First of all, much as we love our Cottonwood tree, (and nobody loves it better than the one, me, who watered it all Winter!) it is not a very welcoming picture for the website. We need a picture of people with smiles walking on to our patio.

Secondly, I think we need staff pictures on the front page. I think that people trust people more than they trust words. And the fact that we have a female senior minister is still, to many of our first time guests, an amazing and wonderful thing.

Thirdly, lots of websites have a "What to expect if I'm new" section which covers what we cover about our service, adds how early to come if you are dropping off children, what to wear, that the service only lasts an hour, and what the service is like. Also that one can park in neighboring lots. As someone who is newly aware of how hard it is to take the plunge into a new church, I like this idea.

Saturday, March 11, 2006

Multi Site Multi Venue Church

I've been reading church websites today...specifically, websites of churches which are multi-venue (two worship services going on on the same property at the same time using a video feed-usually one is a traditional sanctuary service and one a video cafe) or mult-site churches using a video feed (or tepe). In all these situations, there's a worship leader at each site, leading the liturgy and the singing, but when it comes time for the message, on goes the tv screen and worshippers get either a live or taped version of the morning's readings and sermon.

So...if some people want to sip their starbucks and eat pastries (and toy with their blackberries) while listening to the sermon, they can do that in the video cafe. In one church, there was a venu especially for "life long Christians", where old fashioned hymns were the music of the morning. Iin that church, the "regular" worship had gone to contemporary music only.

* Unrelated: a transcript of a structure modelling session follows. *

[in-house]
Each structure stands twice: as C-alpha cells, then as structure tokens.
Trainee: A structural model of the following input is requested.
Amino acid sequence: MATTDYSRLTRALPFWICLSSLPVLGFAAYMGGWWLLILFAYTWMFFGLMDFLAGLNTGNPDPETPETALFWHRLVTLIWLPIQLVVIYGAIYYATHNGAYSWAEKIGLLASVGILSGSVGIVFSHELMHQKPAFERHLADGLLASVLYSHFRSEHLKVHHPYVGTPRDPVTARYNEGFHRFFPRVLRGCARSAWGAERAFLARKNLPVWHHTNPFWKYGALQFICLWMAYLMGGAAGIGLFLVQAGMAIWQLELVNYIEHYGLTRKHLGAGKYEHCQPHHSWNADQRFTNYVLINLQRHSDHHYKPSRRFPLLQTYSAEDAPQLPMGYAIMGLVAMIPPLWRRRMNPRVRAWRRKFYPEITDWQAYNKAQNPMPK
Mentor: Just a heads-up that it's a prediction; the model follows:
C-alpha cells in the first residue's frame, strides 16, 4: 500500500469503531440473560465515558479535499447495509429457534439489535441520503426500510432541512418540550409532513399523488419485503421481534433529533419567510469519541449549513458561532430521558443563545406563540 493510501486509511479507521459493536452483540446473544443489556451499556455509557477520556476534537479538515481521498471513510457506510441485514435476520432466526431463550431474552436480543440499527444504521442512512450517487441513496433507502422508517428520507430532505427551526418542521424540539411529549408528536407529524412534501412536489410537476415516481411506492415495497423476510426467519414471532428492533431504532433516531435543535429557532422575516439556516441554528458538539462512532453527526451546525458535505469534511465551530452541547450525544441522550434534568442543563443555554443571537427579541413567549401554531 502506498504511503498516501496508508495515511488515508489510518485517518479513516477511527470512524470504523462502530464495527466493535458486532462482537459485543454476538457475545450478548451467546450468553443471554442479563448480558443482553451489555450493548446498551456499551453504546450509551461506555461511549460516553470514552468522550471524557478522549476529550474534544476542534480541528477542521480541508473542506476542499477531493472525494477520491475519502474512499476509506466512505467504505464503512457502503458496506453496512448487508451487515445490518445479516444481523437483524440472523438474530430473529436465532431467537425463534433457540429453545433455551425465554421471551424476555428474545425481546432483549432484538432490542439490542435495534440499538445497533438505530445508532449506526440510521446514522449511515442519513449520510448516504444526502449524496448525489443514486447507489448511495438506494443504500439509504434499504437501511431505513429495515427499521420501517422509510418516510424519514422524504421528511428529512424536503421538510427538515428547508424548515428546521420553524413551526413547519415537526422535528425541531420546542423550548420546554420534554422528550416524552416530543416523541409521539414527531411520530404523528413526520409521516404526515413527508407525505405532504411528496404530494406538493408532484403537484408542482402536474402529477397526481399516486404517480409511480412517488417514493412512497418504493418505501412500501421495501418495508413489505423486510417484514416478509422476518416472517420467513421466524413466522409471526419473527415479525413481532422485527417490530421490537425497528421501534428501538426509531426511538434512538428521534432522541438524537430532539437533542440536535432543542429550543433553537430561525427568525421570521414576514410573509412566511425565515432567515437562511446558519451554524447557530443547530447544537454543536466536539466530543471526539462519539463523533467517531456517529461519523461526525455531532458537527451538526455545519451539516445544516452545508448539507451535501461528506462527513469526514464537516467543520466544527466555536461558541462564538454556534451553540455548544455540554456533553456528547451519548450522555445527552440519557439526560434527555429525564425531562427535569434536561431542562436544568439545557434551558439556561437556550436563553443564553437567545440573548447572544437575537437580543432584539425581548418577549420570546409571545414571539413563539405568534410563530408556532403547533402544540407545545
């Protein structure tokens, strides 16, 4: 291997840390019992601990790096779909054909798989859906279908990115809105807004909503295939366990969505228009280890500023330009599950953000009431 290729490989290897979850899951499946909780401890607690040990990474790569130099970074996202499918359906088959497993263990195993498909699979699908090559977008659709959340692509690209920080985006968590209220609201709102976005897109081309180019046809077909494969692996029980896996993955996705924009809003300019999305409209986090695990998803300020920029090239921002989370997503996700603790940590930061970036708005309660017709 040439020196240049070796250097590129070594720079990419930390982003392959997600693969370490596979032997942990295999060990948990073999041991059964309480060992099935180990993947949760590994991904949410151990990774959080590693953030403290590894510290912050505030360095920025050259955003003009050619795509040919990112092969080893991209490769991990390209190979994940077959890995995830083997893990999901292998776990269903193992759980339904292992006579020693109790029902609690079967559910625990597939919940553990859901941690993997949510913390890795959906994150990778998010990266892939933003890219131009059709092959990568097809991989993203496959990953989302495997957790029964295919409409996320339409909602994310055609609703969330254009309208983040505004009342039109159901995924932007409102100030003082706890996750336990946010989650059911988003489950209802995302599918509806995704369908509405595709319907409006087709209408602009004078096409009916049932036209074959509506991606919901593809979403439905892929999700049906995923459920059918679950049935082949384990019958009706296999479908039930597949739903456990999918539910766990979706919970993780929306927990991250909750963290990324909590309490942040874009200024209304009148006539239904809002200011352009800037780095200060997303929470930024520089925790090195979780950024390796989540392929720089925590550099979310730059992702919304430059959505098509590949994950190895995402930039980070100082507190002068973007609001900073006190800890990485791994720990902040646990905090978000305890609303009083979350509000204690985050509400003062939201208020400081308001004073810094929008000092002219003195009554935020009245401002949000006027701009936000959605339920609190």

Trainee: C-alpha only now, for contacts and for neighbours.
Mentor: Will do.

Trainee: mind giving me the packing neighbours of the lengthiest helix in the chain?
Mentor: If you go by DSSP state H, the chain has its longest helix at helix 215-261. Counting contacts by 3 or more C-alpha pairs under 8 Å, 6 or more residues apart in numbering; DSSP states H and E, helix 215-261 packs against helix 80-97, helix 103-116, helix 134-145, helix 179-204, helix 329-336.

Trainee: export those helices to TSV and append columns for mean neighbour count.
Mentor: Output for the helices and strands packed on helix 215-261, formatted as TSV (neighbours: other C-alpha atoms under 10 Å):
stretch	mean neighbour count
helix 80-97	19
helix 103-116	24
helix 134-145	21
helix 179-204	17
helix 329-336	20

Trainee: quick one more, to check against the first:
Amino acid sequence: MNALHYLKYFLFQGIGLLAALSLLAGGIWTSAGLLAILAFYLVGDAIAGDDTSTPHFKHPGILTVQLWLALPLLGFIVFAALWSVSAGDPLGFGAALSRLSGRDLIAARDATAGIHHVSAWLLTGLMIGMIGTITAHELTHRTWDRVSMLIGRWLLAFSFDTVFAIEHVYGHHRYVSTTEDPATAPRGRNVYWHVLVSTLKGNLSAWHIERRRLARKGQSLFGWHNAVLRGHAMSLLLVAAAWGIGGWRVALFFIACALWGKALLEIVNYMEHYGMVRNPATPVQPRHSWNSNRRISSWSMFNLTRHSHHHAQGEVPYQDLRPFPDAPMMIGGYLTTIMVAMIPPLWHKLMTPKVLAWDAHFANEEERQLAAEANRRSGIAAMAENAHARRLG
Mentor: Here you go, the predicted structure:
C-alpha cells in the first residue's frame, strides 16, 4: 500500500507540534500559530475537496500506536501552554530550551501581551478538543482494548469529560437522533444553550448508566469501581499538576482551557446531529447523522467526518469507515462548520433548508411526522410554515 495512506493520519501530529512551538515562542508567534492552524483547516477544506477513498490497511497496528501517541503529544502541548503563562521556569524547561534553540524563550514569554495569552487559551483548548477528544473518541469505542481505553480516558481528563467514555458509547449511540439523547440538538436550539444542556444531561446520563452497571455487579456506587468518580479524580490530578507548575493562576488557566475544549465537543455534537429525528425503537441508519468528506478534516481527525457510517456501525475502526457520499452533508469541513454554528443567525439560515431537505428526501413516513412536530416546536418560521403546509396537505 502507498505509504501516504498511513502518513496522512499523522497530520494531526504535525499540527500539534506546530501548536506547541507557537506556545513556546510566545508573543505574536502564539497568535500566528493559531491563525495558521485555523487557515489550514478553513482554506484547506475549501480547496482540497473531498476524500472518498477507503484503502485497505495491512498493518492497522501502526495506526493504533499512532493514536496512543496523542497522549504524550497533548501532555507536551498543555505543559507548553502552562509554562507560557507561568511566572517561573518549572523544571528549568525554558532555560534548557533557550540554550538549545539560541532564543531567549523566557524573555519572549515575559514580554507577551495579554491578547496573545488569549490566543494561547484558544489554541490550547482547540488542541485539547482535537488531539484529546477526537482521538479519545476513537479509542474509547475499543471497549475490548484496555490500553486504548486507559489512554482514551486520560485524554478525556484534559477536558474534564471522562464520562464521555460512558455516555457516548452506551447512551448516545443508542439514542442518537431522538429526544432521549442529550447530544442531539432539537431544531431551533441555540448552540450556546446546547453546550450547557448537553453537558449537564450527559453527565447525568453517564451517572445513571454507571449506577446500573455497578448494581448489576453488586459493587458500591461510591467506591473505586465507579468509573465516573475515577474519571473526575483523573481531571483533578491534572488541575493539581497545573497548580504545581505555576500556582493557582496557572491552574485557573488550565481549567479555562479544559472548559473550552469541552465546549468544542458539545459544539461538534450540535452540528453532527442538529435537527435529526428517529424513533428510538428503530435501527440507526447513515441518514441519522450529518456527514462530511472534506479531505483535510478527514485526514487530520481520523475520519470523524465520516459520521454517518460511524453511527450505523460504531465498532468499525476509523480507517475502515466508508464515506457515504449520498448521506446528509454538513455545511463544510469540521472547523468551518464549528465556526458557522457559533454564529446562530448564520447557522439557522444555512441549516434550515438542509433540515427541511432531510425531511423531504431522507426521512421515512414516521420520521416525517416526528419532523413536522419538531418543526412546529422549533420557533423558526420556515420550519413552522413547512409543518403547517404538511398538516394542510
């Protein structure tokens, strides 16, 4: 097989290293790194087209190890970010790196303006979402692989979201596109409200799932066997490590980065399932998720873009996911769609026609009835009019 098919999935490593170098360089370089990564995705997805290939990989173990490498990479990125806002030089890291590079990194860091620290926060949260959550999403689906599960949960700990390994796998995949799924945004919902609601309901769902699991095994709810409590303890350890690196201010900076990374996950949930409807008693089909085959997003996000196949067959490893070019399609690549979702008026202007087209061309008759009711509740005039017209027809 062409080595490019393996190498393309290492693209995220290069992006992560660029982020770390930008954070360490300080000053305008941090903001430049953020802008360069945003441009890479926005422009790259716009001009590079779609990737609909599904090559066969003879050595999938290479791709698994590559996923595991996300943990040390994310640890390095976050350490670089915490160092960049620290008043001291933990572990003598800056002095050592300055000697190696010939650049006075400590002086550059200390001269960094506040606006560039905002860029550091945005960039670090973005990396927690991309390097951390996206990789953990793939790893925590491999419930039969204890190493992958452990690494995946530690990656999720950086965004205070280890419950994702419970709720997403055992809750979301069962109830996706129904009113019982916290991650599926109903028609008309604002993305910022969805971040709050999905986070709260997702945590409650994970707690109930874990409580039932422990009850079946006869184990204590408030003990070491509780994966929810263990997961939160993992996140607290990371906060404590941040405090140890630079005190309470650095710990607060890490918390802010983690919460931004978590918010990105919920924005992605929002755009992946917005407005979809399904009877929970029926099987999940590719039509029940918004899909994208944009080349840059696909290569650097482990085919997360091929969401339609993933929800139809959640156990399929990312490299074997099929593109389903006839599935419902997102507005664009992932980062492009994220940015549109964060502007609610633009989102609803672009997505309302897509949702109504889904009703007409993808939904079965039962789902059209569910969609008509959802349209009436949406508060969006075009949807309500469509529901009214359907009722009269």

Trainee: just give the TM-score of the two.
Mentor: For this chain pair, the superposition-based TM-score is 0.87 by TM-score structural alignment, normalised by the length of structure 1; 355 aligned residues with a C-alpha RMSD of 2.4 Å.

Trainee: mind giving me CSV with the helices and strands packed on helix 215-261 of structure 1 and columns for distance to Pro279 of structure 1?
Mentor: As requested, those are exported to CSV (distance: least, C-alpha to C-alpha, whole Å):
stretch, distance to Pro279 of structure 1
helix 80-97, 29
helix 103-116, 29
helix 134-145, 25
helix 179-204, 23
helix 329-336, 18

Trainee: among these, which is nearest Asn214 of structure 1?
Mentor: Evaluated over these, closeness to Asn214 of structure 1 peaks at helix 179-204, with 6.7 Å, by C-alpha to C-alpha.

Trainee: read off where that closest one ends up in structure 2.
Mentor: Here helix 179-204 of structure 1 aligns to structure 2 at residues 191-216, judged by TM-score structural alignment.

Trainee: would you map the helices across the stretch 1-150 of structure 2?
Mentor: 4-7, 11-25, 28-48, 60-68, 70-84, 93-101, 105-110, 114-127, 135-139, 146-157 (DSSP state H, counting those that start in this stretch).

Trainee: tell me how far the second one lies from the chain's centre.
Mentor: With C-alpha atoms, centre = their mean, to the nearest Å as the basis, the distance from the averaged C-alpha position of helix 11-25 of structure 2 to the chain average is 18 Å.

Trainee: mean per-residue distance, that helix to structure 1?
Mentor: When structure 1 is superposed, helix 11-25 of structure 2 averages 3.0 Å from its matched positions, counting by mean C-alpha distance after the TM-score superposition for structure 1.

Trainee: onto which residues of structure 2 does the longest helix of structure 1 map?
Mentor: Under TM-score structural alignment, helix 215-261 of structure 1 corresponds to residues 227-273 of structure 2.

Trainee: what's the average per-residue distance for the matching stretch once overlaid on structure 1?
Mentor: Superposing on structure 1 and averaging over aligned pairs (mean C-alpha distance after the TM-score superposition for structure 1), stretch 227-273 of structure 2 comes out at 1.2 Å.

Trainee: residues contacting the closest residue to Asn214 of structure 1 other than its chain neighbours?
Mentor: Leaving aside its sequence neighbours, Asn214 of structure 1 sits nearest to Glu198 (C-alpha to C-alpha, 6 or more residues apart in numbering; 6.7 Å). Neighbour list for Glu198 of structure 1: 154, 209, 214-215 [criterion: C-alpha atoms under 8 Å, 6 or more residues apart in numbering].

If we can get our iministry project going (the audio is well on the way, and video is next) I can see all sorts of possibilities for this technology. Not only could our teens tune into the sermon from the privacy of their comfy den, and the parents of restless children or persons who can't sit for an hour see the service from the side lounges, but we could have our own cyber cafe in the Social Hall during the service the Forum doesn't use. And....we can imagine satellite groups of First UU'ers in Roswell, Portales, Gallup, Socorro, Moriarity, Grants, Clovis, Las Vegas. And we could sell videotapes to Fellowships to use when they can't get programming locally. And... how about a cybercafe on campus somewhere?

I found it all very exciting. There are websites such as, a book coming out next month, and some possible training opportunities. Amazing!

Friday, March 10, 2006

Abortion 3

And what would I do about the problem of unwanted pregnancy?

First of all, I would mandate comprehensive sex education for every 9th grader...a program which gave students the knowledge and skills they need to postpone intercourse for some years and be safe and healthy when they do engage in it. Just like we all have a disaster plan for a terrorist attack we're likely to never need, so 9th graders need to know about all forms of birth control (including the fairly effective type approved by the Catholic Church). Included in that sex education would be symptoms of pregnancy and the importance of confirming a pregnancy quickly when one misses a period. We have every reason to believe that this alone would eliminate half of the unwanted pregnancies and abortions performed in this country.

Secondly I would balance society's interest in protecting human life with society's interest in protecting human freedom in something like the following way: An unwillingly pregnant woman can obtain an abortion up through the 12th week of pregnancy without giving a reason. Abortions would be performed on minors but their parents would be notified. Girls who feared abuse by parents would be offered the safety that all youth who fear abuse are offered. (which is not much, I realize, but there is no reason to give sexually active girls more protection from their parents than non-sexually active girls get.) The parents could not countermand the girl's decision to abort but could attempt to influence her decision. Between the 12th week of pregnancy and the age of viability (a changing target), a woman could only obtain an abortion by showing that the circumstances which caused her to initially accept her pregnancy had changed. (ie, a change in her health or serious fetal defects). After the age of viability, abortions could only be obtained in the most serious of circumstances; the discovery that the fetus is doing inalterable damage to the mother's health or is itself doomed to death or intractable pain. In other words; a woman has the right to decline to carry a fetus, but this right must be exercised within two months of her becoming pregnant, except in unusual and tragic circumstances.